Bloomberg News

European Banks Reverse Gains as Spanish Bond Yields Surpass 7%

June 18, 2012

European banking stocks reversed their gains as the election victory by pro-bailout parties in Greece failed to dispel concern that the sovereign debt crisis is spreading.

The 43-company Bloomberg Europe Banks and Financial Services Index fell as much 1.5 percent, the most since June 1, after climbing as much as 2.3 percent as the market opened. It was down 0.5 percent at noon Paris time. Banks in Spain and Italy led the decline, with Bankia SA (BKIA) dropping 6.5 percent to 86 cents and Banca Popolare dell’Emilia Romagna Scrl dropping 2.7 percent to 3.74 euros.

Spain’s 10-year bond yield surged past 7 percent today and reached 7.14 percent, the highest since the euro was introduced in 1999, on concern that the nation may be shut out of government bond markets.

“The Greek elections aren’t easing concerns about the debt crisis in the euro zone,” Mario Spreafico, chief investment officer of Schroeder Investment in Italy, who manages about 1 billion euros ($1.3 billion), said by phone. “Spanish bond spreads signal that the worst is not over, and a sustainable path to gain investors’ confidence is still far from been reached.”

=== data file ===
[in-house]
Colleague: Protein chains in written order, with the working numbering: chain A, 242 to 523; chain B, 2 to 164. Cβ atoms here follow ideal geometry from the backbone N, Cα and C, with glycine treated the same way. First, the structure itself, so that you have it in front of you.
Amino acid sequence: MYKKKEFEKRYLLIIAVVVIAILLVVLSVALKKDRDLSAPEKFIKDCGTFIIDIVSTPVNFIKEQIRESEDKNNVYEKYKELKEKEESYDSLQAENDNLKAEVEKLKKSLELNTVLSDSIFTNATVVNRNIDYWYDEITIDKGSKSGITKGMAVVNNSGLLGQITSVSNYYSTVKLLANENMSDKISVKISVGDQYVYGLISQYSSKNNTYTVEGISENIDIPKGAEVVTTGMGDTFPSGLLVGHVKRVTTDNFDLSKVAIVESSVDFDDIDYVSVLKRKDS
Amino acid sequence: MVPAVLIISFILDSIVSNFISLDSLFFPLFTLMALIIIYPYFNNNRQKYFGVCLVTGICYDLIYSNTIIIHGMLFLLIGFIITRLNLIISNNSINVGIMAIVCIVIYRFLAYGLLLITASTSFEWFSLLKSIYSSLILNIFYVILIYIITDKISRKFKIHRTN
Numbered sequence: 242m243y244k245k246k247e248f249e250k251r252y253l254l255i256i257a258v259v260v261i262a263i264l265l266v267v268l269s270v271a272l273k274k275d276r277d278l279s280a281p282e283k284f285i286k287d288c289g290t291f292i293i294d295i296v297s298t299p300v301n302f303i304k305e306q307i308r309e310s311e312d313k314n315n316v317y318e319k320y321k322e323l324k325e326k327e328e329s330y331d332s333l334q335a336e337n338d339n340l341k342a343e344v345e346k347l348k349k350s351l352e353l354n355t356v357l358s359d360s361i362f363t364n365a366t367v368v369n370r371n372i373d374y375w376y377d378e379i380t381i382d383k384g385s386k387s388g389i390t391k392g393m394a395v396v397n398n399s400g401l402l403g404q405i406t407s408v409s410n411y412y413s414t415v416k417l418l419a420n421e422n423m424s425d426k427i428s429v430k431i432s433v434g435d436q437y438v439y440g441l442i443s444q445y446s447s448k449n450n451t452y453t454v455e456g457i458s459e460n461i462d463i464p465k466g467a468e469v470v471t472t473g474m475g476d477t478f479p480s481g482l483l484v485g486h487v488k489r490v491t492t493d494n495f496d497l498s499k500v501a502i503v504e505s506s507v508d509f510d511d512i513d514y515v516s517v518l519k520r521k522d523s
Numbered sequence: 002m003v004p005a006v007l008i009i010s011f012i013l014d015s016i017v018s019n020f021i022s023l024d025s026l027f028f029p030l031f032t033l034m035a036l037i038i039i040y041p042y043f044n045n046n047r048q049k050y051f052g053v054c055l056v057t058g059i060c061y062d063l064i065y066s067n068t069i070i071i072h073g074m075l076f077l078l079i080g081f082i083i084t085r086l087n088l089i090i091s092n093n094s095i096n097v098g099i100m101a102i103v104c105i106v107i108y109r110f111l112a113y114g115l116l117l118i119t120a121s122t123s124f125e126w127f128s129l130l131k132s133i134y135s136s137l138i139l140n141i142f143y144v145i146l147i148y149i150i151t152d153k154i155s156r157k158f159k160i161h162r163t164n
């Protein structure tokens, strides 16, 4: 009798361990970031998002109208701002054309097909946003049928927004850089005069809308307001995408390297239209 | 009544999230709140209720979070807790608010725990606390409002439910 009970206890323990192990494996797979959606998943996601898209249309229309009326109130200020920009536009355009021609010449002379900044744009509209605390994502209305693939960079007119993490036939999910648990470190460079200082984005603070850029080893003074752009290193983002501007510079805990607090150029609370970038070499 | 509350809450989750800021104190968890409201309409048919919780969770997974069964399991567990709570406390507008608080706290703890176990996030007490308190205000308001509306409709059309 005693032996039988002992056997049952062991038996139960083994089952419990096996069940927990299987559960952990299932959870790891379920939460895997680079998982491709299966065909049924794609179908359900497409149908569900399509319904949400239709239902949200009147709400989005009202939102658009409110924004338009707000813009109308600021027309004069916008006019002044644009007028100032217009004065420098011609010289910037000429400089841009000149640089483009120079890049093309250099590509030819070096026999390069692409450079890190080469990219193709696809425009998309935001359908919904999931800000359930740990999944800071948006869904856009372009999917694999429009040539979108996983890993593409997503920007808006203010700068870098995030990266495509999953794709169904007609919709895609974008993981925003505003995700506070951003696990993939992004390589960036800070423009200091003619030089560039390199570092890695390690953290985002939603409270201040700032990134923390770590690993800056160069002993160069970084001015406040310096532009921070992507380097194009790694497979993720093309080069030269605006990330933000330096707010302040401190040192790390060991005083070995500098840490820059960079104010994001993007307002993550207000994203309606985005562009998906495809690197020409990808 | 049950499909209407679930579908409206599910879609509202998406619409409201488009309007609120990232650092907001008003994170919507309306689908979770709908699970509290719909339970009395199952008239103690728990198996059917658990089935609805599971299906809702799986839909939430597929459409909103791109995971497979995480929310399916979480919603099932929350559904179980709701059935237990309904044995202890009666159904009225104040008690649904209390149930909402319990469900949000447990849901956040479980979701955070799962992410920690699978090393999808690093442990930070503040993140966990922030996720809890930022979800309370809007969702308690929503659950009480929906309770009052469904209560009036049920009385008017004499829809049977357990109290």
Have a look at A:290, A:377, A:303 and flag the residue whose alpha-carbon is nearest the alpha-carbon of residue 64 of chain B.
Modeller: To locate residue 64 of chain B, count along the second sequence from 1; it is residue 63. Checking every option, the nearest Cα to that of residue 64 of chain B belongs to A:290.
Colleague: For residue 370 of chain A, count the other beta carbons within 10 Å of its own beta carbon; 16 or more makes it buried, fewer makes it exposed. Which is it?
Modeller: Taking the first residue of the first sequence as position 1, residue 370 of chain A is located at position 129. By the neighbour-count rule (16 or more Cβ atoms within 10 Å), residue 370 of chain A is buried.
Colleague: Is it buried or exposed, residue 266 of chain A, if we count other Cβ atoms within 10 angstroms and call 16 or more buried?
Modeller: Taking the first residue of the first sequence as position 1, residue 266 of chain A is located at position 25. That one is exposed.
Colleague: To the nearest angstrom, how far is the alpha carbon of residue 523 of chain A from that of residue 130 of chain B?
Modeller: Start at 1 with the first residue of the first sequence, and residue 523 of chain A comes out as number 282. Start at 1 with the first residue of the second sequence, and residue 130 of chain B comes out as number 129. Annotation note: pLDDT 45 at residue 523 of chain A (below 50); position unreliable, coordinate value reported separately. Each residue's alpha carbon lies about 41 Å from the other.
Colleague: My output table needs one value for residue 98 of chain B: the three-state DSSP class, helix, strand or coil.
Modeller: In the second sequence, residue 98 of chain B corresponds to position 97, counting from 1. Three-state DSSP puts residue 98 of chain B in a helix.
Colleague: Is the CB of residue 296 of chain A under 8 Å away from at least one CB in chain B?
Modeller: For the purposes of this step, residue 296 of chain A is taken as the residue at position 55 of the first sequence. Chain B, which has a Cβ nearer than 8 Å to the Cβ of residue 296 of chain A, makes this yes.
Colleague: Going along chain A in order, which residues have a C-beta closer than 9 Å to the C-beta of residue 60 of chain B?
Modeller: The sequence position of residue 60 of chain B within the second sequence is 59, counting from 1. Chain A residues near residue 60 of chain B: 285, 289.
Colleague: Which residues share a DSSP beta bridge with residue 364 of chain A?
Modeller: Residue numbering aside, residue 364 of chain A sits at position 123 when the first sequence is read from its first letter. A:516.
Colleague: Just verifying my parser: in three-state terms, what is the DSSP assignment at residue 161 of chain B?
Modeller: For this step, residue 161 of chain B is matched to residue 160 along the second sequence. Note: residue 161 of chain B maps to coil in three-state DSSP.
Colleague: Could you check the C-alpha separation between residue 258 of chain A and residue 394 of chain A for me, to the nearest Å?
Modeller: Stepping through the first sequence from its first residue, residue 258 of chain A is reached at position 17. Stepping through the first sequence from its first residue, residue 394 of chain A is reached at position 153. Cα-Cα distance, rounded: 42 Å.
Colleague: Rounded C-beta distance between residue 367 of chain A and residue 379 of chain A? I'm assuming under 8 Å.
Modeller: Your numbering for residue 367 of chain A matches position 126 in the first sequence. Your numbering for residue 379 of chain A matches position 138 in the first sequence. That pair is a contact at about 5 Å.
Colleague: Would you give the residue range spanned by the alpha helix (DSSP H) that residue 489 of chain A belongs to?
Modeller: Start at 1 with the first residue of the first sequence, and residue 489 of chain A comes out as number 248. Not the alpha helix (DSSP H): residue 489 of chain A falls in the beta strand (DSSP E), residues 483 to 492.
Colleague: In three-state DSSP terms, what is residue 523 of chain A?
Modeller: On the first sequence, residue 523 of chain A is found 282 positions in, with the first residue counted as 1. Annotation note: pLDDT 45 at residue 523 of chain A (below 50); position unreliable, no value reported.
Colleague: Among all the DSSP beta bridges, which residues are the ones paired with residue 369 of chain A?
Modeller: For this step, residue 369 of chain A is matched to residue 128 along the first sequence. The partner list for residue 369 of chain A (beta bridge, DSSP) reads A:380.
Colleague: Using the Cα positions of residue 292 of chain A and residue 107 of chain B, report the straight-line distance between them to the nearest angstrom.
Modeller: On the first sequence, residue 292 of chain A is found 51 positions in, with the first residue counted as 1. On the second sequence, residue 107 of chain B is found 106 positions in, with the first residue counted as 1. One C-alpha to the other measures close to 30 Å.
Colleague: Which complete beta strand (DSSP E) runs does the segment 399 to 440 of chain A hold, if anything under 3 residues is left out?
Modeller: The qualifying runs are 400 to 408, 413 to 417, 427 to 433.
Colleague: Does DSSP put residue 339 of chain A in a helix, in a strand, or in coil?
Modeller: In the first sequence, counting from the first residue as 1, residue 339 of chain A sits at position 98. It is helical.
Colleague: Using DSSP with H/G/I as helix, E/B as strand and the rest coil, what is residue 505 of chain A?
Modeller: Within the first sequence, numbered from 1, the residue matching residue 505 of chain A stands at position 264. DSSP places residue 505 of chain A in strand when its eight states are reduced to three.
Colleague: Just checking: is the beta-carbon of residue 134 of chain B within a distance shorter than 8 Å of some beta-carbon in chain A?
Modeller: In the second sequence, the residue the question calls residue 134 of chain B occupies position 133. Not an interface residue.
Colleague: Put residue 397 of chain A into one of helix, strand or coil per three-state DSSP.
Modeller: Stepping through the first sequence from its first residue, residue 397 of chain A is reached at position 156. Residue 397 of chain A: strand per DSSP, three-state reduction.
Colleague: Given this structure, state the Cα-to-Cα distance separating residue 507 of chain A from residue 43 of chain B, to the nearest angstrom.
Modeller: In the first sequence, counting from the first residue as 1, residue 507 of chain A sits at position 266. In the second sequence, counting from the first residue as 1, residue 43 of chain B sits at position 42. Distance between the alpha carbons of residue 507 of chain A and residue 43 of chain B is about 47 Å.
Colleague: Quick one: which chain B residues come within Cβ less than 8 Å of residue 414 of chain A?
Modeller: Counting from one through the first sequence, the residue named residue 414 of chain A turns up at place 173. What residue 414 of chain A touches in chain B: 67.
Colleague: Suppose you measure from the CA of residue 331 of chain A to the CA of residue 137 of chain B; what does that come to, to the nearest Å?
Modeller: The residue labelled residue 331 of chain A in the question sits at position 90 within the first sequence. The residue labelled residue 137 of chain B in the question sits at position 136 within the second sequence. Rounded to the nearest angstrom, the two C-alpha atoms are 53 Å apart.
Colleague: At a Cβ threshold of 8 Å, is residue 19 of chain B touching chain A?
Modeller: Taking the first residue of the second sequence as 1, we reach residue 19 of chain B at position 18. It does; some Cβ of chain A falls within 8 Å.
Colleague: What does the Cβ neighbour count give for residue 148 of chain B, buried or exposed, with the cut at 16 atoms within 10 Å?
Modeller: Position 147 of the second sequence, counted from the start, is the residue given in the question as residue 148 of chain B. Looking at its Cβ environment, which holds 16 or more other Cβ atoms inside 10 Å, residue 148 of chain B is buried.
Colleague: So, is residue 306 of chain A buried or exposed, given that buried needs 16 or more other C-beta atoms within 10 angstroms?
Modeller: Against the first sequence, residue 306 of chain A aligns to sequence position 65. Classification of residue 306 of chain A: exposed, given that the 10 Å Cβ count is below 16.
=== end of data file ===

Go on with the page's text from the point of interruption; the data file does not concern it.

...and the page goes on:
Greek Election

The New Democracy and Pasok parties won enough seats to form a majority in the 300-member parliament, according to an official projection. The prospect that anti-bailout leader Alexis Tsipiras and his Syriza party would win rattled markets last week.

Greek lenders were outperformers today in the wake of the vote. National Bank of Greece SA was the best performer in the Bloomberg banks index, jumping 17 percent. Optimism about the election result may not last, said Dirk Hoffmann-Becking and Carlo Tommaselli of Societe Generale SA. (GLE)

“Even if a government is formed and negotiations with the euro zone are brought to a conclusion, the issue remains that New Democracy’s leadership is not a pro-austerity party,” the analysts wrote in a report today. “Concerns remain that implementation of even the more modest austerity measures will fall short of expectations.”

To contact the reporter on this story: Sonia Sirletti in Milan at ssirletti@bloomberg.net Francesca Cinelli in Milan at fcinelli@bloomberg.net

To contact the editor responsible for this story: Frank Connelly at fconnelly@bloomberg.net


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